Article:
Five Things to Know About Tim Walton, Ohio State’s New Secondary/Cornerbacks Coach


For the third time since he became Ohio State’s head coach, Ryan Day has gone to the NFL ranks to hire a new secondary coach.

In 2019, Day hired Jeff Hafley away from the San Francisco 49ers to become Ohio State’s co-defensive coordinator and secondary coach. After Hafley left to become Boston College’s head coach, Day hired Kerry Coombs away from the Tennessee Titans to become Ohio State’s defensive coordinator and cornerbacks coach. Now, Day has replaced Coombs – after already hiring Jim Knowles as the Buckeyes’ new defensive coordinator – by hiring Walton away from the Jacksonville Jaguars to become Ohio State’s new secondary/cornerbacks coach.

While it’s been more than a decade since Walton has coached at the collegiate level, he brings an impressive résumé to Ohio State, as he comes with more than 25 years of coaching experience including more than a decade of coaching on NFL defenses. And he certainly knows what it’s like to be an Ohio State cornerback, given that he was once one himself.

Let’s take a closer look at Walton’s background and why he was an appealing candidate to lead the Buckeyes’ cornerbacks as part of their defensive coaching staff overhaul.

He’s a Buckeye

Ohio State fans who have been clamoring for more former Buckeyes to join the coaching staff are getting their wish with Walton. Much like wide receivers coach and newly promoted passing game coordinator Brian Hartline, Walton will be coaching the position he once played for Ohio State.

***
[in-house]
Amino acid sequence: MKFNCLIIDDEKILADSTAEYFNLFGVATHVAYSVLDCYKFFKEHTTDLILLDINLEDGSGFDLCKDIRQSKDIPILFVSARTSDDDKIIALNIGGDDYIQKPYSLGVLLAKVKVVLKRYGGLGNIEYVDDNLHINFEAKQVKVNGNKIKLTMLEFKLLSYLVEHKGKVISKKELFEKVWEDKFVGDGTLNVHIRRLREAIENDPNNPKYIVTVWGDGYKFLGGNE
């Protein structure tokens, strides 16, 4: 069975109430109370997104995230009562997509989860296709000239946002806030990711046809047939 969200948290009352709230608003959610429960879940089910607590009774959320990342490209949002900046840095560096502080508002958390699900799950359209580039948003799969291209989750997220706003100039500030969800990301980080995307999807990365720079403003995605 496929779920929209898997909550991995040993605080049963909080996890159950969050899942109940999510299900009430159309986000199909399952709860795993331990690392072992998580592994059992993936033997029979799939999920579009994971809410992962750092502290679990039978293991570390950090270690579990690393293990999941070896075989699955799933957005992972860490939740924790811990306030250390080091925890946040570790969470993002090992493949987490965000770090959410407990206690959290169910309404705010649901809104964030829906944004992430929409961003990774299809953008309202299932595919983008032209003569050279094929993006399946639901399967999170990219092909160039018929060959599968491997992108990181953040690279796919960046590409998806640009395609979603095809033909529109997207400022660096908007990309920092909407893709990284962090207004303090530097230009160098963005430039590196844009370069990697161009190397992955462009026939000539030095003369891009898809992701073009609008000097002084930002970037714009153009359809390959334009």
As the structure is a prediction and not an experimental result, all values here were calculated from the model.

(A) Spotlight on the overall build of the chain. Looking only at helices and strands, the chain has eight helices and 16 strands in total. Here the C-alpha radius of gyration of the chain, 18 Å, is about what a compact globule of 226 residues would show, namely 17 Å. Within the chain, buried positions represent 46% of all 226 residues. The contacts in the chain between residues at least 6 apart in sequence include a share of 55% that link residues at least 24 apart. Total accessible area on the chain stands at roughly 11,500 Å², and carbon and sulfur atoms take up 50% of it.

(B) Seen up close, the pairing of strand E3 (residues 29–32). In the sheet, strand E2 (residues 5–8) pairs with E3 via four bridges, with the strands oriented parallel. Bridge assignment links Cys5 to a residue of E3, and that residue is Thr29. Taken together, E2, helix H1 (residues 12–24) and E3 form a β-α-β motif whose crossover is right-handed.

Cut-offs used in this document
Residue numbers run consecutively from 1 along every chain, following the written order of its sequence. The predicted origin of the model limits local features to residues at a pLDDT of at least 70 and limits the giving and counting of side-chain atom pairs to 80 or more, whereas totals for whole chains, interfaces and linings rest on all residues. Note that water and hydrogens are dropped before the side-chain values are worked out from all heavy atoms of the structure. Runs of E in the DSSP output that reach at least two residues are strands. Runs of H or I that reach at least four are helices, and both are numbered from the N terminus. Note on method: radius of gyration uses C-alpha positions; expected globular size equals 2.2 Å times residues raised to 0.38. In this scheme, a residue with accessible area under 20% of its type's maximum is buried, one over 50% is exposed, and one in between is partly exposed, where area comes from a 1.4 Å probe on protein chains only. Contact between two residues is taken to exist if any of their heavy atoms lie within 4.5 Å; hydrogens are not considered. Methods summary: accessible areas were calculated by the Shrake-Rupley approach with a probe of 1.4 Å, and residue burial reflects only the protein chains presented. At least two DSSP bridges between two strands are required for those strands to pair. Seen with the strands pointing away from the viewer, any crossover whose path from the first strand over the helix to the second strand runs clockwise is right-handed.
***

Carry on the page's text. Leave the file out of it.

Walton was a cornerback for Ohio State from 1990-93, winning a Big Ten championship when the Buckeyes split the conference title with Wisconsin during his senior year. He was a two-year starter for the Buckeyes and recorded 159 total tackles, 10 interceptions, 11 pass breakups and nine tackles for loss over the course of his career.

He becomes the second member of Ohio State’s current coaching staff who actually played for the Buckeyes, joining Hartline. He becomes the third member of the Buckeyes’ 2022 staff who played in the Big Ten, as associate head coach for offense and offensive line coach Justin Frye was an offensive lineman at Indiana.

Decades of defensive coaching experience

Walton’s first full-time coaching job actually came as an offensive coach, as he was the running backs coach at Bowling Green from 1996-98. Since then, however, Walton has been coaching on defense – and specifically defensive backs – for over two decades.